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Silly Dictator Story # 16: Berdymukhammedov Is A Sore Loser With A Plan

"No celebrations for you, bad Olympians!"
"No celebrations for you, bad Olympians!"
When Turkmenistan’s 10 Olympians returned medal-less from London, President Gurbanguly Berdymukhammedov did not hold back in criticizing his athletes. Talk about constructive criticism.

“Despite the fact that our sportswomen and sportsmen had all the training opportunities to perform better in the Olympic Games and all international competitions, their performance [at the London Olympic Games] was really bad. They did not win any awards,” Berdymukhammedov said in a televised speech on state television on August 16.

Not one to shy away from offering a good public shaming, Berdymukhammedov promptly shut down the Tourism and Sports Committee, which was responsible for the Turkmen Olympians, and set up a new committee dedicated strictly to sports.

Future Turkmen athletes should not worry about their colleagues' failures because, after all, they will have every opportunity to excel in the new disciplines that Berdymukhammedov has in mind.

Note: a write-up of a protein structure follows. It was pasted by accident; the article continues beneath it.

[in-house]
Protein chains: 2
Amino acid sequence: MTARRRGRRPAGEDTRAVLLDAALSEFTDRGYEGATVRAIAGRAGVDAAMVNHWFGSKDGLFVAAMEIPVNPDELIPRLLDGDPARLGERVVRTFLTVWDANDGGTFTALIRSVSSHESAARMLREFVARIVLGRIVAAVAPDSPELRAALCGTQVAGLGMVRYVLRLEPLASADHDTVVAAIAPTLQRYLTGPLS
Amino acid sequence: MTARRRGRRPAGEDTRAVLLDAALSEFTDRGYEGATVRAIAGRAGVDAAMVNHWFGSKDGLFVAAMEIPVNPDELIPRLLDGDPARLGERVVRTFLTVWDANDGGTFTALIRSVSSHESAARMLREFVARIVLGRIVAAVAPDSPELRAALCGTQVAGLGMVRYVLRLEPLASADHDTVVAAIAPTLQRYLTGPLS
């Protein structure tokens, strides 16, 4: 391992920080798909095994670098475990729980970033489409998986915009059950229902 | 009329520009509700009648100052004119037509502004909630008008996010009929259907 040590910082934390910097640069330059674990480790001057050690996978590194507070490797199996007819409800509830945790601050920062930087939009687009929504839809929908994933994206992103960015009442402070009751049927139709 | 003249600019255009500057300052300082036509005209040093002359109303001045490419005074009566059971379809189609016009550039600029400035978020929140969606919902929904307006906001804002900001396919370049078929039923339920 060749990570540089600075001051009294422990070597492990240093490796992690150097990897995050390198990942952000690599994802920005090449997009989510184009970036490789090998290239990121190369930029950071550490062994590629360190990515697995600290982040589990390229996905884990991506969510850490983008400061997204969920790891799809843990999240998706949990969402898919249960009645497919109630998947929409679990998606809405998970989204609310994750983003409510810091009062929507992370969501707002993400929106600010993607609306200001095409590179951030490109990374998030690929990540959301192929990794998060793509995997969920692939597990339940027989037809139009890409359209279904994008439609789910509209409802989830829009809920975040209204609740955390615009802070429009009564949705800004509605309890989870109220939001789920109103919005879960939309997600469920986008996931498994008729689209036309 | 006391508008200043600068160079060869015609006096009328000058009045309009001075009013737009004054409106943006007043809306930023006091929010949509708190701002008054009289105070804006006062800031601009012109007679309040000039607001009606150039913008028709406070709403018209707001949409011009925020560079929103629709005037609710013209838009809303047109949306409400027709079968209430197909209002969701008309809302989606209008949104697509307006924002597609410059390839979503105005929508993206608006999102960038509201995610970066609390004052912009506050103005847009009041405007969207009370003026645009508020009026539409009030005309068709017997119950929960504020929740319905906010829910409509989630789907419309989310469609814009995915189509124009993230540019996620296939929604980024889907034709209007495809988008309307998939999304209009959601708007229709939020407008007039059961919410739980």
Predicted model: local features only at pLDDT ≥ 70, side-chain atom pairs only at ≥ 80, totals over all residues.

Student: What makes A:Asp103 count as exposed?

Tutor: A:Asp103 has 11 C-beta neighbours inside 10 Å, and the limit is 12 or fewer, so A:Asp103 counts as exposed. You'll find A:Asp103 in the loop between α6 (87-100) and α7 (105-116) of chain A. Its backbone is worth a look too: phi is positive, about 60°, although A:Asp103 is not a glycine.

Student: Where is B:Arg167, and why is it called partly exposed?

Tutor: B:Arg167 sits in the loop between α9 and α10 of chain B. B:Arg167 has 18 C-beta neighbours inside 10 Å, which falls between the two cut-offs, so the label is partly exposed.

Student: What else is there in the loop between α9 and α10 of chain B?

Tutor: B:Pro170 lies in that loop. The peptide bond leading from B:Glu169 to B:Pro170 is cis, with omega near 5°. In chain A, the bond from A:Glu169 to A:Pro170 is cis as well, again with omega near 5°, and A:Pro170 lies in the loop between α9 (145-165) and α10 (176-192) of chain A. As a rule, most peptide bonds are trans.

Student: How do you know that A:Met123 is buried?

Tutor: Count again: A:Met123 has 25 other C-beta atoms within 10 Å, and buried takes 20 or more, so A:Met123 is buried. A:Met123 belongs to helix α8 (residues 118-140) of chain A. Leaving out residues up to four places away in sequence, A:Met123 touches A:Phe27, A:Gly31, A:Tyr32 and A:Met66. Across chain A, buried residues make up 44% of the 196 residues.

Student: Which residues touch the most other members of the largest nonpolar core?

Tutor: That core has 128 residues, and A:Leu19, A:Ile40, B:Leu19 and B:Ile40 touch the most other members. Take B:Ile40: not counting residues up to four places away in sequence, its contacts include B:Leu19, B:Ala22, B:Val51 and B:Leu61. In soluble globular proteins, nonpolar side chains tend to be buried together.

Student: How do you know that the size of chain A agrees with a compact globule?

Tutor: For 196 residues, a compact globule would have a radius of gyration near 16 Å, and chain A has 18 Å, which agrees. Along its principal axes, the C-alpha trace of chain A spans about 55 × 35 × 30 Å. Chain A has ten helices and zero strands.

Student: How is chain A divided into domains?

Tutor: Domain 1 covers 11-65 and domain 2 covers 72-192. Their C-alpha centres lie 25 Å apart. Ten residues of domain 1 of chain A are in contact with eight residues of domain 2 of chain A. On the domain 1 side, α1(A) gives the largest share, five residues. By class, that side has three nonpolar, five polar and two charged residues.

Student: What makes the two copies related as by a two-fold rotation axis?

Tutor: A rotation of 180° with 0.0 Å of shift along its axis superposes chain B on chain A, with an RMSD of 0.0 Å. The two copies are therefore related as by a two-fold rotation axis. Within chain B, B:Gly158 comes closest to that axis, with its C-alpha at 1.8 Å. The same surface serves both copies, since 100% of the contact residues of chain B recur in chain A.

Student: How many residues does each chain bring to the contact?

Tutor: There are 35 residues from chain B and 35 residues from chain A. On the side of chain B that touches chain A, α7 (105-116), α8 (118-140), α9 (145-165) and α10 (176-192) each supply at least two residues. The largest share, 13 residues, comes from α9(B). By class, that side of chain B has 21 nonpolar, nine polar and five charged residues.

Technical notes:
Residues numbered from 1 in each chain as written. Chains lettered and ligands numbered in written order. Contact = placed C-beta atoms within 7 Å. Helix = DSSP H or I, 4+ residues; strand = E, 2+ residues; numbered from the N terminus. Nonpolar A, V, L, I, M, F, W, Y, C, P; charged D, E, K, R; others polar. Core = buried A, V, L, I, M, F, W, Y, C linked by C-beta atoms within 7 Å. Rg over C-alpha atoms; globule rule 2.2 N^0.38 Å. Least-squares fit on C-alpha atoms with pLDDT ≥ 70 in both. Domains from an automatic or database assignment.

“The new type of sports like hockey have to be introduced in Turkmenistan,” the Turkmen leader said.

Berdymukhammedov has had his eye on ice hockey for a while now. But in a country where almost 90 percent of the land is desert and temperatures reach 50 degrees Celsius, ice-related sports are quite unusual.

Other sports Berdymukhammedov believes Turkmen should excel in include (but are certainly not limited to): ice dancing, horse-related sports, biking, and rowing.

At this year’s Summer Olympic Games in London, the 10 Turkmen athletes competed in boxing, swimming, athletics, weightlifting, and judo. Maybe in four years, ice dancing and rowing will bring more luck to a country that has never won a single medal at the Olympic Games since the collapse of the Soviet Union.


-- Deana Kjuka & Muhammad Tahir

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Written by RFE/RL editors and correspondents, Transmission serves up news, comment, and the odd silly dictator story. While our primary concern is with foreign policy, Transmission is also a place for the ideas -- some serious, some irreverent -- that bubble up from our bureaus. The name recognizes RFE/RL's role as a surrogate broadcaster to places without free media. You can write us at

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